‹Kingston’s history of the evolution of property rights, and on how property rights regimes influence and reflect the kind of economic activity people engage in, and how they regard economic activity, is interesting and provocative in its own right. Others have argued that capitalism seems to have lost much of the power to increase the productivity of economic activity that it once had, and the workings of modern financial systems are a good part of the problem. But no one else has tied these propositions closely to the evolution of property rights›.
– Richard R. Nelson, Columbia University, New York
‹This sweeping account of the rise and projected fall of capitalism is as original as it is gripping. Kingston locates the hinge that moves capitalism as the institutions governing property rights, and argues persuasively that the system is now undermining itself as innovation shifts from the technological to the financial domain.›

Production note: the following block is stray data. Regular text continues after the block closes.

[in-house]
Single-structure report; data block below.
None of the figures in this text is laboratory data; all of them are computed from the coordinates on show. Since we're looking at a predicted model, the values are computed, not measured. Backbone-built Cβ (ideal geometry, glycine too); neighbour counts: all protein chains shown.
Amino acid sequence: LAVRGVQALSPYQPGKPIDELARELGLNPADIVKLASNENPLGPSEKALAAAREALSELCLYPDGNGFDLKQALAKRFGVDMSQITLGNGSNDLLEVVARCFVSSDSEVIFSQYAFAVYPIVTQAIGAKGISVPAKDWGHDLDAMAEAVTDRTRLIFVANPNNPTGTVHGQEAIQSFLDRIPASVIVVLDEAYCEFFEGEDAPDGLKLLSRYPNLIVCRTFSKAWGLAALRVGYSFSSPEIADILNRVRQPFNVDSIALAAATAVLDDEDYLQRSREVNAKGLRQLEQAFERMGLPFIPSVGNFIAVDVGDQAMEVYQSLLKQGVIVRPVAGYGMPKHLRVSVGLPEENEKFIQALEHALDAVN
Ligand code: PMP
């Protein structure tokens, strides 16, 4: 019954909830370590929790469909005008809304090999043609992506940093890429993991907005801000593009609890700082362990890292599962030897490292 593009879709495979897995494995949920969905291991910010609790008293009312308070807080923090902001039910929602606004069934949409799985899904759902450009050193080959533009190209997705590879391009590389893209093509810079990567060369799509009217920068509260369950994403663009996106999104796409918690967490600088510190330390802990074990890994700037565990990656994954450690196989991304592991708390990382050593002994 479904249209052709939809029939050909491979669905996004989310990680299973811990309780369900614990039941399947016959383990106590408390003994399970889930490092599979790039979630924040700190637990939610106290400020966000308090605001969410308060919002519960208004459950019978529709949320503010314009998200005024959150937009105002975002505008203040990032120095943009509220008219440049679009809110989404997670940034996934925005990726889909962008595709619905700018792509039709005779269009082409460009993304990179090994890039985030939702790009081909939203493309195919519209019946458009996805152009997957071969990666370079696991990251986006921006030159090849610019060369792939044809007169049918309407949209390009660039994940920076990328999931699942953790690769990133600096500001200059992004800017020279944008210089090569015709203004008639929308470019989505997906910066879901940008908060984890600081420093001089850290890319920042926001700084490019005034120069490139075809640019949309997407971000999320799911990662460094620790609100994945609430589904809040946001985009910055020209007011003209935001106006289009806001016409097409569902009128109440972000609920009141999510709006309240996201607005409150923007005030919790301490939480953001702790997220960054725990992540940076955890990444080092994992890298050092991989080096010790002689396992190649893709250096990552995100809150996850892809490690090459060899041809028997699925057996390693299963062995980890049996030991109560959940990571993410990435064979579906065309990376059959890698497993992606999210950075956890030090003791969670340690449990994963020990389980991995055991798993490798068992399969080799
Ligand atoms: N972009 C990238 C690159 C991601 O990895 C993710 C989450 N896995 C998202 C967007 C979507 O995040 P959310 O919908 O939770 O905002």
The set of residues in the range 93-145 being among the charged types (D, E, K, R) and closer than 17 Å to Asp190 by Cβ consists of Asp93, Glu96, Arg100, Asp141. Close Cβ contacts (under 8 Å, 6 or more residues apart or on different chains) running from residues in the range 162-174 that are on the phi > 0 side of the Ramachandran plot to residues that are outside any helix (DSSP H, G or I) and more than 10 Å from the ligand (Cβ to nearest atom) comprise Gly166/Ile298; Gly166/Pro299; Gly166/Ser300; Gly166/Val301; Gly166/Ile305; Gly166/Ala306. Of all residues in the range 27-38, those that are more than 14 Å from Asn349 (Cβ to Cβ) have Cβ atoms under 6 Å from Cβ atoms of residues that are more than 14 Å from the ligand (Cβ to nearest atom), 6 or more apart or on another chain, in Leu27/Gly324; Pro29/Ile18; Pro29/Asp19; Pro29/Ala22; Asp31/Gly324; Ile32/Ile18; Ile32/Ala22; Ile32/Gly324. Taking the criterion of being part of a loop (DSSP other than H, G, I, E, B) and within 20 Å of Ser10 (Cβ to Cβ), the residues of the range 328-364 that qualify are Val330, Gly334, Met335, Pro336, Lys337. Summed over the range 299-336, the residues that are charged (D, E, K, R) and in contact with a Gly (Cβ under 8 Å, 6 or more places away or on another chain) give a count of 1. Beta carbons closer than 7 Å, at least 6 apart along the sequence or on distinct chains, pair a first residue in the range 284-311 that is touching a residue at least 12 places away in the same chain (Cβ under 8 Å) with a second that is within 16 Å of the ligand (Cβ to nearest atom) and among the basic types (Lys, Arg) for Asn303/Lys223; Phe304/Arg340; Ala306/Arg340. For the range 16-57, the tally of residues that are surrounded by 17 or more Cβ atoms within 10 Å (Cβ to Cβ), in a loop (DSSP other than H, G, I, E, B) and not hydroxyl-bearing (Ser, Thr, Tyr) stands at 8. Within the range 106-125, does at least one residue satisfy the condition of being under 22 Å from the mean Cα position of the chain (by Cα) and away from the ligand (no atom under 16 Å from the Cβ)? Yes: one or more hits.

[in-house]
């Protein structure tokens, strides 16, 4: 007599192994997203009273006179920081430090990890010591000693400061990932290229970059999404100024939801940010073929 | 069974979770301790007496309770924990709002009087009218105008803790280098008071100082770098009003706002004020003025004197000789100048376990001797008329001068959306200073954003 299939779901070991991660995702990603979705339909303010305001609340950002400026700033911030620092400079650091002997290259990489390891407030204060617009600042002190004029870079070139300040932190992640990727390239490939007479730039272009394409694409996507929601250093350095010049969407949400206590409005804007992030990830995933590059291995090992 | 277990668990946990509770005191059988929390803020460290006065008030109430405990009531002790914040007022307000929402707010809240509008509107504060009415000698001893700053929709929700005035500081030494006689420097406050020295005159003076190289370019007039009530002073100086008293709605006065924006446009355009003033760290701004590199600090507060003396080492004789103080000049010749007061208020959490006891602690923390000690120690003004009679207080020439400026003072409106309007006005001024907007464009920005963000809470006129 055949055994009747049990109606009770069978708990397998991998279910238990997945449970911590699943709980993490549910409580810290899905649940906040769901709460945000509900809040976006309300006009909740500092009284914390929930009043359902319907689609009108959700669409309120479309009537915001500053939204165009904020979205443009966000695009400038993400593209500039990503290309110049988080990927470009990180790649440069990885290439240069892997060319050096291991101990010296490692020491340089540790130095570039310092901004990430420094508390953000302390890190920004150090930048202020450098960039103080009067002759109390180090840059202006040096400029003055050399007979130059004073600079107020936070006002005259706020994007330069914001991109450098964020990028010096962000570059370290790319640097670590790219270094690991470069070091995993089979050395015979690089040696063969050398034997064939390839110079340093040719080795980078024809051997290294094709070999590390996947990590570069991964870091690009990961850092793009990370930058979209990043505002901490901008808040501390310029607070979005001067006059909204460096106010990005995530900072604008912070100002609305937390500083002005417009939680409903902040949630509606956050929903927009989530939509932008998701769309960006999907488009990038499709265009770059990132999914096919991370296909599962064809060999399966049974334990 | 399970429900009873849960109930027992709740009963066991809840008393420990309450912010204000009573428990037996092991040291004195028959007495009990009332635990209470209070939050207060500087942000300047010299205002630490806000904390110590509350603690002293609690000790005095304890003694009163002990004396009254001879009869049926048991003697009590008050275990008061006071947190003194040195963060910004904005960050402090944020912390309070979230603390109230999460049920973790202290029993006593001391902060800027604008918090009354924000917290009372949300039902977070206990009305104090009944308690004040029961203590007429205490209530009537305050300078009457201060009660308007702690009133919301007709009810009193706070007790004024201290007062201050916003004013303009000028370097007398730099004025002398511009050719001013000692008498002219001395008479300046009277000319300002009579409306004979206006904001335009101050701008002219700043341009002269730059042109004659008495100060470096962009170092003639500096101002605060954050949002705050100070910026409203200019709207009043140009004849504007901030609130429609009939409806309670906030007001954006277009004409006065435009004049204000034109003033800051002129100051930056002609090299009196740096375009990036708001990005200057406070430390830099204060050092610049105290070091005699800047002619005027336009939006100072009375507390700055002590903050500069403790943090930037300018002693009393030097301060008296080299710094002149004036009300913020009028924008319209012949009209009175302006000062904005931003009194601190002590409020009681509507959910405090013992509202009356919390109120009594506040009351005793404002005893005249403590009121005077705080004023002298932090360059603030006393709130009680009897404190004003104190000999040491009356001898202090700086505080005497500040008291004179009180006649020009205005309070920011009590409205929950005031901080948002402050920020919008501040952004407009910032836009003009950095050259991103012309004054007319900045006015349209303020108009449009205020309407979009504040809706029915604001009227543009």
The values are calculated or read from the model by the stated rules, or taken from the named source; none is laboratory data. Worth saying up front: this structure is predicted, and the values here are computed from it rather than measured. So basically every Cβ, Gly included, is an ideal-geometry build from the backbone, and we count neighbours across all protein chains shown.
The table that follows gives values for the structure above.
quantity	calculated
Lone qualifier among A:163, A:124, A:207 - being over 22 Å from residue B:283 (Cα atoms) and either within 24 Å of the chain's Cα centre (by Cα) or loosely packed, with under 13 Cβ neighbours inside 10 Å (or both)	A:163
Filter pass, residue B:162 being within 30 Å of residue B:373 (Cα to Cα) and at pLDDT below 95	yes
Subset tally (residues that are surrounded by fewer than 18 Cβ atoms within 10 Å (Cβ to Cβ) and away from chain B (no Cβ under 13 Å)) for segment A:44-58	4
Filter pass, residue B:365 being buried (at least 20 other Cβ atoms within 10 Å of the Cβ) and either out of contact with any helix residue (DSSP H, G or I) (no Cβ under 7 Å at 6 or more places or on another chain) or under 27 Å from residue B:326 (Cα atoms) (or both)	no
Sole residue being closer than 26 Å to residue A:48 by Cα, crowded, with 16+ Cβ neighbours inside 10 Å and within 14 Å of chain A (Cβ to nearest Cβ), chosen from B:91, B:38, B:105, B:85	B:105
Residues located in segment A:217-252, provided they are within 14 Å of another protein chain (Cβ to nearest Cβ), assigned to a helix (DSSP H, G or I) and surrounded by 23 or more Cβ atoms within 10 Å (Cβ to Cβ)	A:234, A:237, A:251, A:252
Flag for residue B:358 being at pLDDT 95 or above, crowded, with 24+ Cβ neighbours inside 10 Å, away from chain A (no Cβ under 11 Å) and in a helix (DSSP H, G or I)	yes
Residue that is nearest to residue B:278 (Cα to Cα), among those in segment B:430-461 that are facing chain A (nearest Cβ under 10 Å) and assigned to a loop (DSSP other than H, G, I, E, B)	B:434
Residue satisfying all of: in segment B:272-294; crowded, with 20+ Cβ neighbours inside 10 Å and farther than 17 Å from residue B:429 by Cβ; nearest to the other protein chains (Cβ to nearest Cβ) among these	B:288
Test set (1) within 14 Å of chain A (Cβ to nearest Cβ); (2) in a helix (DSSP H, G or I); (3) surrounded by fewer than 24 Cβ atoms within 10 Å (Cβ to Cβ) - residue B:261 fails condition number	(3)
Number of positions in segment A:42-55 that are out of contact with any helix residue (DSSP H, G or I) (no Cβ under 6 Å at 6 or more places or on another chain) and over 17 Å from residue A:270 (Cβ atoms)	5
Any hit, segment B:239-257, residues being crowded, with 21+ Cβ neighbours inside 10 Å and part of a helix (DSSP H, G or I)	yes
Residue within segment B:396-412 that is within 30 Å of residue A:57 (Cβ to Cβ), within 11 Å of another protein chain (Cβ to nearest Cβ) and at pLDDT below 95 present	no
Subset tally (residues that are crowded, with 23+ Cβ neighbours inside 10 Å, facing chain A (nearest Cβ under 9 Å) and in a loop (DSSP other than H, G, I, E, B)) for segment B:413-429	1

– John A. Mathews, Macquarie Graduate School of Management, Sydney
‹William Kingston is a prolific and thoughtful economic historian who has relied on such longstanding giants as Marx and Schumpeter, and new ones such as Minsky, to show how financial innovation has replaced technological innovation, and how this process is destroying the economic fabric of society. Kingston’s deep understanding of the ‹free-market economy› makes this book a must-read.›
– Jorge Niosi, Université du Québec à Montreal, Canada